▶︎ David Byrne’s American Utopia is available on Amazon Prime, Now TV and other digital platforms, and on Blu-ray and DVD from 11 January 2020.
At one point in American Utopia, Spike Lee’s concert film of David Byrne’s Broadway production of the same name, Byrne namechecks the Dada movement, and performs a brief snippet of Kurt Schwitters’s Sonate in Urlauten, or ‘primordial sonata’, a work delivered in a jarring, alien-sounding musical language of Schwitters’s own invention. “It goes on like that for about 40 minutes,” Byrne tells the crowd, earning a nervous laugh, then stating that if he’d performed it in full, “It’d be a different kind of movie.”
The kind of movie that American Utopia in fact is, is a crowd-pleaser. Byrne, performing with an 11-person ensemble made up of members with origins in North America, South America and Europe, performs a setlist of tunes drawn from his more than 40-year career, with priority given to tracks from his 2018 album of the same title, the concert tour for which provided a rough draft for the staging of the Broadway show. Byrne and his band are all equipped with wireless equipment that allows them to roam the stage of the Hudson Theatre freely, and to perform the choreography devised by Annie-B Parson, co-founder of New York City’s Big Dance Theater. Byrne’s own stiff, herky-jerky, exaggeratedly awkward physicality is obviously a large influence in this department – think the chopping-down-the-forearm gesture from the Once in a Lifetime music video – as are college marching-band formations, caught by director Lee in occasional God’s-eye-view compositions taken from the rafters.
Lee seems to have approached his work here with the intention of allowing the live performance to be seen with a maximum of fidelity and clarity, adding cinematic grace notes here and there for impact – most notably, during a performance of Janelle Monáe’s rhythmic protest song Hell You Talmbout, which includes a “Say their name” call-and-response section featuring a litany of names of Black Americans killed in police encounters or episodes of racial violence, these accompanied by cutaways to pictures of the dead, in many cases held by family members.
The stage is generally undressed save for the chain-link curtains that provide its permeable borders, allowing for a fuller focus on the performers, each of whom emerges with an individual personality – an aim that Byrne makes express in one of the brief monologues with which he dots the show.
Implicit in Byrne’s citations of Schwitters and Hugo Ball are that his intentions with his American Utopia are not unlike those of the Dadaists in the interwar period: to present a considered artistic response to a world on the brink, in this case, specifically, Trump-era America. Byrne, an early 70s art-school kid who met his Talking Heads bandmate Chris Frantz at the Rhode Island School of Design and who has always displayed a multi-hyphenate’s magpie curiosity, has long had a knack for connecting gallery art concepts to pop idioms. It’s difficult to imagine the wonderstruck perspective turned towards the quotidian landscape of American suburbia that’s found in his 1986 feature directorial debut True Stories, for example, without previous reflections along the same lines from the likes of the photographers Stephen Shore and William Eggleston.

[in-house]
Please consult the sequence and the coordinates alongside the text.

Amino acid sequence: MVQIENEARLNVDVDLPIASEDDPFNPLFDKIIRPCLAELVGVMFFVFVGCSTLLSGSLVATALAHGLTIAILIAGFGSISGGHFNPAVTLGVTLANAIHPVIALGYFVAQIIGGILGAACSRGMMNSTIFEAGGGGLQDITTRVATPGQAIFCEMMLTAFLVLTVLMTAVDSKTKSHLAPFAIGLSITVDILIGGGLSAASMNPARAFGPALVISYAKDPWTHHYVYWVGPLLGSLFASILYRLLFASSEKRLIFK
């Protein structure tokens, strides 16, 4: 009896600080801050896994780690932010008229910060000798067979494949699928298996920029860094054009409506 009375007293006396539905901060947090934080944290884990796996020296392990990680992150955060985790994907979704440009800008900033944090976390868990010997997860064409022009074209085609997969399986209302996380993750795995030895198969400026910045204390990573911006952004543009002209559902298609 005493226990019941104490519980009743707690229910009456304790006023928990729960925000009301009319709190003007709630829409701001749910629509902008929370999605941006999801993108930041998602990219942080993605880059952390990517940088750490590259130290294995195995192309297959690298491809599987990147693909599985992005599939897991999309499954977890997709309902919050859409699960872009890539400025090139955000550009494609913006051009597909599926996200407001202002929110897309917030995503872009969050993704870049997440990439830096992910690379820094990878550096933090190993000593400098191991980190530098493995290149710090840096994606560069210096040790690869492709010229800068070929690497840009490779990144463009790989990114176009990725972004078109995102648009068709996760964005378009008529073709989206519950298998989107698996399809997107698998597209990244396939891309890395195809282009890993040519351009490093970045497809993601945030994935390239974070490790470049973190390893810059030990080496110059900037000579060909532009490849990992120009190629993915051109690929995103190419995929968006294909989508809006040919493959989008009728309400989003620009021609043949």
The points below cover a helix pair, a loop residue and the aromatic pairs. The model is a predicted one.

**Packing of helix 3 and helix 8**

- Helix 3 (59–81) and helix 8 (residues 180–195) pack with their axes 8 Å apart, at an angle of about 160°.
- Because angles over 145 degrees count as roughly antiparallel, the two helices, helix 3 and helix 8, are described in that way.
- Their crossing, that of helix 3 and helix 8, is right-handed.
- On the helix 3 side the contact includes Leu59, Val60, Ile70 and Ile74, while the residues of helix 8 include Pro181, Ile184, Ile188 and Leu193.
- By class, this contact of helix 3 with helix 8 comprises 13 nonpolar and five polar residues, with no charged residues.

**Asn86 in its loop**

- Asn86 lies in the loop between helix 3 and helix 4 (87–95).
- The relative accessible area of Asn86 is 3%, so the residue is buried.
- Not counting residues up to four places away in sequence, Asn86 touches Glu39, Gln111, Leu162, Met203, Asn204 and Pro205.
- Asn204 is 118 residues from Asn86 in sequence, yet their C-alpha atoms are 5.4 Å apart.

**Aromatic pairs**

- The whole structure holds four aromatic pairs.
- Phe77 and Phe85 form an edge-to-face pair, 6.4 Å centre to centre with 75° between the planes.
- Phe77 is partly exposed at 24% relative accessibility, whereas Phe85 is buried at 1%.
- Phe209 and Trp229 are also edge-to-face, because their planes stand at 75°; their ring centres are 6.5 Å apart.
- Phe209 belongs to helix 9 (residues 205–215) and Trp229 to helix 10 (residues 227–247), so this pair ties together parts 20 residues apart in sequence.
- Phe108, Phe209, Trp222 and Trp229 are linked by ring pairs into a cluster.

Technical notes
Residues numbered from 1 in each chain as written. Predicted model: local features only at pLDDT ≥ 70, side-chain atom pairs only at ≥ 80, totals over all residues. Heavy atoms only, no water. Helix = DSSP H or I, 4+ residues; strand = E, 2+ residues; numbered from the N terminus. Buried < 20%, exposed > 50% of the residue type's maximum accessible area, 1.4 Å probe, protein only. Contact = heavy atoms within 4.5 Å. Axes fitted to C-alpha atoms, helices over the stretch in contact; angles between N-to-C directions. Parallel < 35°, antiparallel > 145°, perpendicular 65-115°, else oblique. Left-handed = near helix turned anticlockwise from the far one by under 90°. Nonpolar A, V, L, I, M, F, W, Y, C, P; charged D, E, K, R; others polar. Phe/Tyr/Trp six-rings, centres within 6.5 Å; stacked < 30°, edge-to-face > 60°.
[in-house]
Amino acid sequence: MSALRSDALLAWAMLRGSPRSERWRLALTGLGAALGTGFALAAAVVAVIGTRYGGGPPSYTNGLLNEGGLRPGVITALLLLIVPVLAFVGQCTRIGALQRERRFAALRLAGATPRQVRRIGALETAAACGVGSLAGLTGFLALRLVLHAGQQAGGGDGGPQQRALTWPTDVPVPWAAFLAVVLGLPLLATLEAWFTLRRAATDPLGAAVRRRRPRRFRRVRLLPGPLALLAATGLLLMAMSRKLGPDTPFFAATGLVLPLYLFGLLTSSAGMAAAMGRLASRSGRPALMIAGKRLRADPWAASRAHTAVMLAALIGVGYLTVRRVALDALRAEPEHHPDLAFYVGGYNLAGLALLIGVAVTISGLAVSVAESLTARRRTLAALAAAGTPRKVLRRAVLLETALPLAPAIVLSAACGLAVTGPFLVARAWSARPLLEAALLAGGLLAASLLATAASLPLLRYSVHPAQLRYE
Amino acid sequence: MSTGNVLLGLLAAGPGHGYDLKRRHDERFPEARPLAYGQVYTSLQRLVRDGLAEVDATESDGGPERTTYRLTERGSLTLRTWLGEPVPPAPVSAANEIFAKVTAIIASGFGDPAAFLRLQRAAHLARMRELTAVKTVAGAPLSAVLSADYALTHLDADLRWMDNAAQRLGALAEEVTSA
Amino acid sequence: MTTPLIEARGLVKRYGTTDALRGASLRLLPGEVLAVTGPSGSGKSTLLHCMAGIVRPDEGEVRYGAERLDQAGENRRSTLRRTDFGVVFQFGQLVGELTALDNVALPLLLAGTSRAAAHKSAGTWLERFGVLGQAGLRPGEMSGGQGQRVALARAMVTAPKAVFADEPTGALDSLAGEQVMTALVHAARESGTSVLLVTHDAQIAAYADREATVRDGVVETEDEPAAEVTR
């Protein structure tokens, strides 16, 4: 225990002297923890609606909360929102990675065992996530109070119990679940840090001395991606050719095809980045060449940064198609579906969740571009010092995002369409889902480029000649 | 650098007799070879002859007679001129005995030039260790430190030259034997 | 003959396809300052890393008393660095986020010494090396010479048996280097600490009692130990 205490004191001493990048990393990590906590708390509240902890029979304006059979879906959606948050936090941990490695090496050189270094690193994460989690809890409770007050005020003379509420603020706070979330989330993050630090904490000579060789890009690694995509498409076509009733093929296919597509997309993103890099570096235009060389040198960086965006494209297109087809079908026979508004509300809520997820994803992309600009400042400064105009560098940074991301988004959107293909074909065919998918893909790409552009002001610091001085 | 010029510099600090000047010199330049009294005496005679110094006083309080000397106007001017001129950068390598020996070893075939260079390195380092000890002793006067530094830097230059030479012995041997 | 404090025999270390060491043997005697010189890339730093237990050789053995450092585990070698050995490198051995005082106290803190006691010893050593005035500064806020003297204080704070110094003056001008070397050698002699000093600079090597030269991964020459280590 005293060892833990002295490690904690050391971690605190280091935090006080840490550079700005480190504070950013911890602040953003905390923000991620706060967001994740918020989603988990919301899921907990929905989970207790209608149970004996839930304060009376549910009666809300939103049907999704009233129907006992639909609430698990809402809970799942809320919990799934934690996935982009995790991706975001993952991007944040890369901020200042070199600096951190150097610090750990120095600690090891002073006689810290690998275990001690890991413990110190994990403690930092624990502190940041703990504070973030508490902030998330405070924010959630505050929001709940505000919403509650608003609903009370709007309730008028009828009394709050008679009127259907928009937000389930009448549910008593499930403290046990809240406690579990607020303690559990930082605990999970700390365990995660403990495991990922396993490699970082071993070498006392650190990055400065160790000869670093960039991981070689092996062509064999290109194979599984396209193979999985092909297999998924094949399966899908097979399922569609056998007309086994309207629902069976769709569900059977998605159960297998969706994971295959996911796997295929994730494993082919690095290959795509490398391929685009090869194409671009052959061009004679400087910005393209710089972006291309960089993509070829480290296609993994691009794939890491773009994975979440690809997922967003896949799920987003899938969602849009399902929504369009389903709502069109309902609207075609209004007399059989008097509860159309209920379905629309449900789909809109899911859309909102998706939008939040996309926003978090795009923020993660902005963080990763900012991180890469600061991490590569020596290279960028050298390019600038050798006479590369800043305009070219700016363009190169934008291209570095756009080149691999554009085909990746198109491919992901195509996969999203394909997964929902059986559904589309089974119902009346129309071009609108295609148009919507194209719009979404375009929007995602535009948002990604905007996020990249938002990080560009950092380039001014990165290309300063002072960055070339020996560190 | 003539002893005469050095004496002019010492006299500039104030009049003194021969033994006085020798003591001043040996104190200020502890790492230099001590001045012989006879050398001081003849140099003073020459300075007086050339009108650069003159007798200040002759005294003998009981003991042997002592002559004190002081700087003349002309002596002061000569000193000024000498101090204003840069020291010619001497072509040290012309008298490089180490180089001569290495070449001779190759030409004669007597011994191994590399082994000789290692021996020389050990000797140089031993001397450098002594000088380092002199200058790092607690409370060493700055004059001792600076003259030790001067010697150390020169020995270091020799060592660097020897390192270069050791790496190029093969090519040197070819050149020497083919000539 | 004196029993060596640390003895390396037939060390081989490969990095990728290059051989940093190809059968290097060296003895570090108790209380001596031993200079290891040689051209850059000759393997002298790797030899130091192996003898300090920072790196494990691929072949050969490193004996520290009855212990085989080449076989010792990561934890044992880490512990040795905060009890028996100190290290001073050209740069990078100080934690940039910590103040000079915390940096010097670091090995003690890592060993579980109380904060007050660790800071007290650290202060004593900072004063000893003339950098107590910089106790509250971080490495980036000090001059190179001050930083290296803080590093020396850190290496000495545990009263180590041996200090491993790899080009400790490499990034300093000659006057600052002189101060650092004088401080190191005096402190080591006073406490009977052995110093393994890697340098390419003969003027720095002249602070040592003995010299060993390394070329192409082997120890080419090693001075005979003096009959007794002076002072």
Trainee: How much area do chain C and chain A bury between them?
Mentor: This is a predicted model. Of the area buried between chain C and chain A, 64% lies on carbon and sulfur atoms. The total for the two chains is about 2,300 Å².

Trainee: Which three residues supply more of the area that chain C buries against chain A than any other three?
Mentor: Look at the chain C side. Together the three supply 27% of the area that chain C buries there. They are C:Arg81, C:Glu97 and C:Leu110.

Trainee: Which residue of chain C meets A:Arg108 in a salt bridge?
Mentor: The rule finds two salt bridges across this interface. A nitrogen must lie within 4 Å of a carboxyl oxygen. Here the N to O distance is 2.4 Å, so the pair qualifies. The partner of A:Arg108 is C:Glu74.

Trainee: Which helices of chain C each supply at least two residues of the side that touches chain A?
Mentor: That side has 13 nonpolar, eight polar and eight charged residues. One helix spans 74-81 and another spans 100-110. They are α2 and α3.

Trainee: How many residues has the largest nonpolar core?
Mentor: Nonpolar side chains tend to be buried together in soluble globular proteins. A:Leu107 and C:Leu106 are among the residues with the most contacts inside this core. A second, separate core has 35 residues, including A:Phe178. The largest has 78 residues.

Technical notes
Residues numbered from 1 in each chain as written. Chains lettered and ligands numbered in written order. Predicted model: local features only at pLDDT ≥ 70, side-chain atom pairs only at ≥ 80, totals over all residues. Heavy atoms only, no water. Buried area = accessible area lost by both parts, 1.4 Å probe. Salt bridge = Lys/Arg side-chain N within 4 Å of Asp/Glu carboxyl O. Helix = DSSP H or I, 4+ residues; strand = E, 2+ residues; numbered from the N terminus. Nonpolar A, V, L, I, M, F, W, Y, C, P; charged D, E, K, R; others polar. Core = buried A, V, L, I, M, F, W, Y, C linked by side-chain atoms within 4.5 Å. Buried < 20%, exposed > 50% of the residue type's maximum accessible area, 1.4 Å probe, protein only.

Byrne’s wide-eyed affection for roadside Americana made him closer kin to his Stop Making Sense (1984) director Jonathan Demme than to either of those figures, or to more unnerving contemporary observers of suburban mores like David Lynch and Eric Fischl – and so the Dadaists seem a million miles away from American Utopia. Rather than responding to the incoherence of a hostile and unintelligible world with affrontive, insouciant nonsense, Byrne offers hopeful, clear-cut solutions to America’s national malaise in the form of familiar protest gestures, exhorting his audience to get out the vote and taking a knee in front of the projected image of Colin Kaepernick.
In American Utopia there is little of the fraught, anxiety-wrought, underfed-looking Byrne of Talking Heads’ 1979 album Fear of Music in evidence, only a canonised elder statesman playing the hits for a big-ticket Manhattan crowd perfectly receptive to his amen-corner messaging, all filmed with panache by another middle-aged pro who has amassed a considerable personal fortune through for-hire commercial works. Despite the inconstant quality of the setlist here compared to that of Stop Making Sense, the band swings, and I can only imagine the movie would sound fantastic in a cinema, where few will have the opportunity to see it in 2020. It is all so smartly made and bright and buoyant, in a way that I am sure will be a comfort to many amid current turmoil, and so self-consciously positioned in such reassuring ways as the Movie We Need Right Now as to feel wholly out-of-touch.
“If there was a song Spike Lee loved, we’d see him pop up in the aisle”: David Byrne on his concert doc American Utopia
With coronavirus halting live music, it’s the perfect time for a concert film from one of the giants of the genre: David Byrne.
By Leonie Cooper
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